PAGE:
Short note to all reading: due to the pulling out or non-committal from some artists we're re-opening track submissions for artists who want to get involved! Email me at email@example.com or us both at firstname.lastname@example.org.
WT: Could you tell us a little bit about yourself, where you’re based, and how you first discovered the chiptune scene please?
Steven: Yo! I'm Steve, I've been repping the Bromley Massive since '92, and I make garish rave music using junk consumer electronics.
I first discovered chipmusic in the womb, as my parents whiled away pregnancy with their NES. I was introduced to the new wave of artists using old sound chips via micromusic.net, which I think stands as one of the greatest achievements of the internet age.
WT: What artists from the chip scene have been of influence to you?
S: The video of Hally at Blip Festival 2007 is certainly one of the most inspirational things I've ever seen. YMCK, Rico Zerone, peeR, Zabutom and David E. Sugar have to be mentioned as well. That said I think my sound is really indebted to Japanese SNES composers like the Konami sound team, Toshiyuki Takine, Jun Ishikawa and so on.
WT: How did you come to release on Kittenrock, and what was your experience of doing so?
S: This was back in the days when netlabels were a big deal, and Kittenrock was (and remains) one of the coolest. Boringly it was a simple email demo affair, but I was overjoyed that Jellica liked my stuff enough to host it (mad props to him). I remember being surprised at how many downloads my first EP got, and also at one strange German review that compared its melodic FM synth-pop stylings to Justice.
WT: How did you find the experience of playing at ChipFest VII, and could you please explain a bit about the festival for those who aren’t aware?
S: Chipfest VII went off! It was definitely one of the best lo-fi shows I've played at - seeing 4mat rock out to 'Chipmusic Is Dead' was a golden moment. CalmDownKidder has been putting it on for a while, since the halcyon days of 8bc I think, and it's a valuable opportunity to catch artists from the UK and beyond. Liverpool should be very grateful to CDK!
WT: Do you play live often?
S: I play live fairly often yeah. Most of these have been in slightly downheel London sweatboxes with like-minded producers and hardcore ravers but I've had some arty larks too. I've also had the pleasure of playing in Europe - I did a kind of micro-tour of Holland a while back, and I've played several shows in Brussels. Benelux knows.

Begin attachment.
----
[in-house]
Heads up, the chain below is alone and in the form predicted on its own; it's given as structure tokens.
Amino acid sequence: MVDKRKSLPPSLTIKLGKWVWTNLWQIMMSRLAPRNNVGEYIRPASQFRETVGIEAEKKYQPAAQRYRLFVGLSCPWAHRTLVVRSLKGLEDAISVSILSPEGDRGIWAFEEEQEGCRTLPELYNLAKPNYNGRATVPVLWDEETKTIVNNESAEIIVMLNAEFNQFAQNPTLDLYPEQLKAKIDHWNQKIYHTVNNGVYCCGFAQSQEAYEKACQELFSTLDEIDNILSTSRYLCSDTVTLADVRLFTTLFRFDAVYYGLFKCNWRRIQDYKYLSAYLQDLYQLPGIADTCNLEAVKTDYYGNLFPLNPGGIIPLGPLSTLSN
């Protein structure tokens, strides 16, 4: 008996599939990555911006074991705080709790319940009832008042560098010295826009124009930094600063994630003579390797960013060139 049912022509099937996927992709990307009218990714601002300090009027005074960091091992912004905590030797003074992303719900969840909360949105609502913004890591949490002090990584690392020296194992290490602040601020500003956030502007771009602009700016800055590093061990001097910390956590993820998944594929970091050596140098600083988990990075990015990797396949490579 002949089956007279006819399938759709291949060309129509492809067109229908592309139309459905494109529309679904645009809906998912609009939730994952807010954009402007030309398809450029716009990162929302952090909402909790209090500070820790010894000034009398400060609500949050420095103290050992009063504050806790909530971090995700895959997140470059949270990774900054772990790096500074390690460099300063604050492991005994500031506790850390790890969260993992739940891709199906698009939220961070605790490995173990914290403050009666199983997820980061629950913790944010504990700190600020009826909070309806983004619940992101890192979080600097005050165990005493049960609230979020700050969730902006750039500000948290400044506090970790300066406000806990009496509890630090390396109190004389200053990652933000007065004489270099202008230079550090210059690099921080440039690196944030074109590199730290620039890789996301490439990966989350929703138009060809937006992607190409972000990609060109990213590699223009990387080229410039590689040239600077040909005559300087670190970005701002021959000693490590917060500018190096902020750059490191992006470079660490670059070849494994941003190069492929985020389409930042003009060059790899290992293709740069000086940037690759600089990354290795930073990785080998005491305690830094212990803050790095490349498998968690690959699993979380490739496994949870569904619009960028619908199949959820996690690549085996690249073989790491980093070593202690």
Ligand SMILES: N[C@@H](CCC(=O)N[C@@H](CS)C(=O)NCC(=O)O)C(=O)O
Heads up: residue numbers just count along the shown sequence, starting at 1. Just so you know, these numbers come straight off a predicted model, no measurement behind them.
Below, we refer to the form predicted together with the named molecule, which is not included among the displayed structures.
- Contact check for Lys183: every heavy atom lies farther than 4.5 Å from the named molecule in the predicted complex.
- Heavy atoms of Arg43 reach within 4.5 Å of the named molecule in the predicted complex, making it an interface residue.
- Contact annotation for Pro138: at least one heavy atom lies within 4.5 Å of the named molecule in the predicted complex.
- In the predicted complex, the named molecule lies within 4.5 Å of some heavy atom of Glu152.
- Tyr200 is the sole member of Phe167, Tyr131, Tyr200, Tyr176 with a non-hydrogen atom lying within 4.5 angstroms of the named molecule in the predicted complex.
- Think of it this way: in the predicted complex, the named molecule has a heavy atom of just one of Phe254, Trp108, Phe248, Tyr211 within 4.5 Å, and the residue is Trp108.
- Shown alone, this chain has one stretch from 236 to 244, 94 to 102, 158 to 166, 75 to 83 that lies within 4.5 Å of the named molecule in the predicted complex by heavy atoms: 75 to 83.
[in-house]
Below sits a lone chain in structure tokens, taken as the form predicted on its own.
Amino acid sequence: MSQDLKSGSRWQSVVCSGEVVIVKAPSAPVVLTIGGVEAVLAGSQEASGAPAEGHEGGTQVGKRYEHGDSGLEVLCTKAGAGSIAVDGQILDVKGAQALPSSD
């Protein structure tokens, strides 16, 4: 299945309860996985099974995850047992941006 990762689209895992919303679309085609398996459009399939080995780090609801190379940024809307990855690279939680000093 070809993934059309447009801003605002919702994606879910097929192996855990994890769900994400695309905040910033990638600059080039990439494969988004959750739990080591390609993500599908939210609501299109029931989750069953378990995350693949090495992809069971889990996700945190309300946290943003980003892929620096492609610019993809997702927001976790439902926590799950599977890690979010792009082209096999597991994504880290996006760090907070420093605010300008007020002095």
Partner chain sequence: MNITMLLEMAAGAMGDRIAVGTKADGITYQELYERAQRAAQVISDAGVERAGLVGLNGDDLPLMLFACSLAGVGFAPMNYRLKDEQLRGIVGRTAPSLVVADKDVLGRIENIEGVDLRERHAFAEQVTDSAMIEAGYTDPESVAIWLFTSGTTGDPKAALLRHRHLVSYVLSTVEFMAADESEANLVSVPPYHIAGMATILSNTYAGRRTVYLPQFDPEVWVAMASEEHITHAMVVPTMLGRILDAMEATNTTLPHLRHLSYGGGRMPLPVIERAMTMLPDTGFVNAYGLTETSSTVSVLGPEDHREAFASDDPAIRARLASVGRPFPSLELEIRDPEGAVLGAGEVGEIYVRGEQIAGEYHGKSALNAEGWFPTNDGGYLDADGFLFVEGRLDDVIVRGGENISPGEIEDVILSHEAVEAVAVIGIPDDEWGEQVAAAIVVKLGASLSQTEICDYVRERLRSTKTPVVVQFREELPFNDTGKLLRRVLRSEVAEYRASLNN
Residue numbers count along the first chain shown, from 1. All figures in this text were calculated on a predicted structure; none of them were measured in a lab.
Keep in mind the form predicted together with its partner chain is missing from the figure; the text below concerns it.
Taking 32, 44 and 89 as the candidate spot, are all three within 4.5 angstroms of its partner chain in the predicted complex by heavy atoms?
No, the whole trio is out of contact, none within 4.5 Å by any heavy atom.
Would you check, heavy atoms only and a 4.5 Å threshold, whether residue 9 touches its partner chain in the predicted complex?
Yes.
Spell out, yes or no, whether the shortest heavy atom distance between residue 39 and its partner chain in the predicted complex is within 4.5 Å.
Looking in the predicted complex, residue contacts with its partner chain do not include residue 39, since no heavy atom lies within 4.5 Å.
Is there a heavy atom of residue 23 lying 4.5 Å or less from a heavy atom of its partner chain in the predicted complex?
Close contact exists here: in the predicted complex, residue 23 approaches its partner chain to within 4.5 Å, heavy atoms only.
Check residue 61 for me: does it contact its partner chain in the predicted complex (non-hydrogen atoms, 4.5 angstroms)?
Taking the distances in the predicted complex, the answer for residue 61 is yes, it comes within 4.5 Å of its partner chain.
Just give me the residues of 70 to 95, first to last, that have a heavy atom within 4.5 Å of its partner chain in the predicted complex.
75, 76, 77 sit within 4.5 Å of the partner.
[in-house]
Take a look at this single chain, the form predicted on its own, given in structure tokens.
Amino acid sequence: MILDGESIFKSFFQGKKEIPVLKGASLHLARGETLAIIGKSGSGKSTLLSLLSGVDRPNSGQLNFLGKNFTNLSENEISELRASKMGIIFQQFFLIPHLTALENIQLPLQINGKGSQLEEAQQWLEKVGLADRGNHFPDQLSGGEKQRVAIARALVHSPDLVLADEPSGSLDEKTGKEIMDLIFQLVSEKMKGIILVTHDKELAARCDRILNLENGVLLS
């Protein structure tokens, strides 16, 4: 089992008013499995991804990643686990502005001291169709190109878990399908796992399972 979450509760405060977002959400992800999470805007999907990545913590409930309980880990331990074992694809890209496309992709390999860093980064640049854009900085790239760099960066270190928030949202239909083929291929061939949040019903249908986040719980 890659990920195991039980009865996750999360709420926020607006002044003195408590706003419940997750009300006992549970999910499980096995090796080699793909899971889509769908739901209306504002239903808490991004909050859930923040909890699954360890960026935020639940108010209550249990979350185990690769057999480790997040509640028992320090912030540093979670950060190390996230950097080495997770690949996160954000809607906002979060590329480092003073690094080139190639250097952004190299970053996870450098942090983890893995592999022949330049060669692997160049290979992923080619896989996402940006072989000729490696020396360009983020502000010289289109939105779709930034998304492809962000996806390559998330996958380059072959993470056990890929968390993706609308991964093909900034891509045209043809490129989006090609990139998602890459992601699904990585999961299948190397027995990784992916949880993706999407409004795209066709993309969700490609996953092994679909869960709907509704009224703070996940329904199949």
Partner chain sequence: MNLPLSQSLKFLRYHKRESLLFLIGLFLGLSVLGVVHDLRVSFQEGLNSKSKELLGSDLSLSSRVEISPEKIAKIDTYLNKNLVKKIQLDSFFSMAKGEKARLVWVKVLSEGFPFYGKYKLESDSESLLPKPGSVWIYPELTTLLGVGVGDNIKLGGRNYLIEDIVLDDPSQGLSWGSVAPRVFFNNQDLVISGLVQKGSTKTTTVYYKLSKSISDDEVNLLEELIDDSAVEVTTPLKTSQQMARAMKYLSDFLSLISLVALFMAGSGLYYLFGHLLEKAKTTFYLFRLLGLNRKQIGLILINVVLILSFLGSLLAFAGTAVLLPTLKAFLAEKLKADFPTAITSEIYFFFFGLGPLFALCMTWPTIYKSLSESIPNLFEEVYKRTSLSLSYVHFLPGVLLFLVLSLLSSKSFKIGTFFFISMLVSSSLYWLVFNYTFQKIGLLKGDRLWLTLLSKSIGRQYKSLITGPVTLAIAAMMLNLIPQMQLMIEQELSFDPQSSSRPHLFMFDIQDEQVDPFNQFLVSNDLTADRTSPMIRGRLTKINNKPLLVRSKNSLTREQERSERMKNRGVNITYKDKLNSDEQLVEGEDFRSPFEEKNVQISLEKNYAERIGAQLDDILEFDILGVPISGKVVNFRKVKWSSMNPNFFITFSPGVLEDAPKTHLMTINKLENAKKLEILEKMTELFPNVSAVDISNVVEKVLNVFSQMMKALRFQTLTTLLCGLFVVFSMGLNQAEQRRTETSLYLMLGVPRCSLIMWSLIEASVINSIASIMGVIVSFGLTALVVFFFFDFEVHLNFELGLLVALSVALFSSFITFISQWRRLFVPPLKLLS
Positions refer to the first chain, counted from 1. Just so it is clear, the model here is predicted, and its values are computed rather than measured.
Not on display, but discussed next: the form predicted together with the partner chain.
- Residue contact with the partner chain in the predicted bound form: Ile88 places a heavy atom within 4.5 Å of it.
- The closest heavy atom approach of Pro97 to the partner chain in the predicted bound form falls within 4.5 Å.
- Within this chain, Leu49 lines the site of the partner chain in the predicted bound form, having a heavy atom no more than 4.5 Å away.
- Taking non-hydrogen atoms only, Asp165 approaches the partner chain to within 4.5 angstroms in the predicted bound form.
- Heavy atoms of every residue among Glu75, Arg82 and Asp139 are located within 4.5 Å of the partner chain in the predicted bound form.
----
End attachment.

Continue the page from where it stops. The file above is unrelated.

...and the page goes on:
WT: Could you tell us what went in to creating your track and the inspirations behind it please?
S: I made 'Shinjuku Rainbow Ravers' one December evening to test some samples I'd made of the Super Famicom game Sutte Hakkun. All the sounds in the song are from that game (with one exception; kudos to whoever identifies the .spc source of that), which were sequenced in Logic. All the delay was done manually, though I didn't limit myself to the SPC700's 8 channels.
Musically it's a pretty shameless tribute to the British rave productions (Shades of Rhythm, N-Joi etc.) that some fourth-generation console composers aped. I didn't intend this but the track's brand of daft, cutesy .spc rave sounds like Super Aleste crossed with Wagyan Paradise or something.
WT: You recently helped compile the acid-house influenced chiptune compilation ‘Virtual Kikumoto’, what was the process behind putting this together?
S: I was thinking about how modern chipmusic artists had used different platforms to imitate or incorporate the sound of the TB-303 (for example, Matt Nida's 'Three Miles Per Hour' and gwEm's 'Acidic Tears' sound totally different, but are both unquestionably banging acid trax). After imagining how acid house could sound on different sound chips, the concept of Virtual Kikumoto - an album featuring ten artists using ten different platforms - appeared fully formed in my mind.
I emailed musicians who were both acid fans and masters of certain sound chips. Pretty much all of my first choices agreed to contribute exclusive tracks, so compiling it was actually pretty easy! Raquel Meyers also did a fantastic job on the artwork. The choice of label was a no-brainer too - I don't think anyone in the world is better suited to hosting this album than Kittenrock.
WT: What’s next for ‘Steven’?
S: The next major Steve event will be the release of my first 12'' this year; the result of several years of guerrilla rave production, it’s not chipmusic but does feature sounds generated by software like LSDJ and Pocket Music among others.
I'm also finishing some remixes, sorting out some shows and working on the novelty hit that will provide my pension.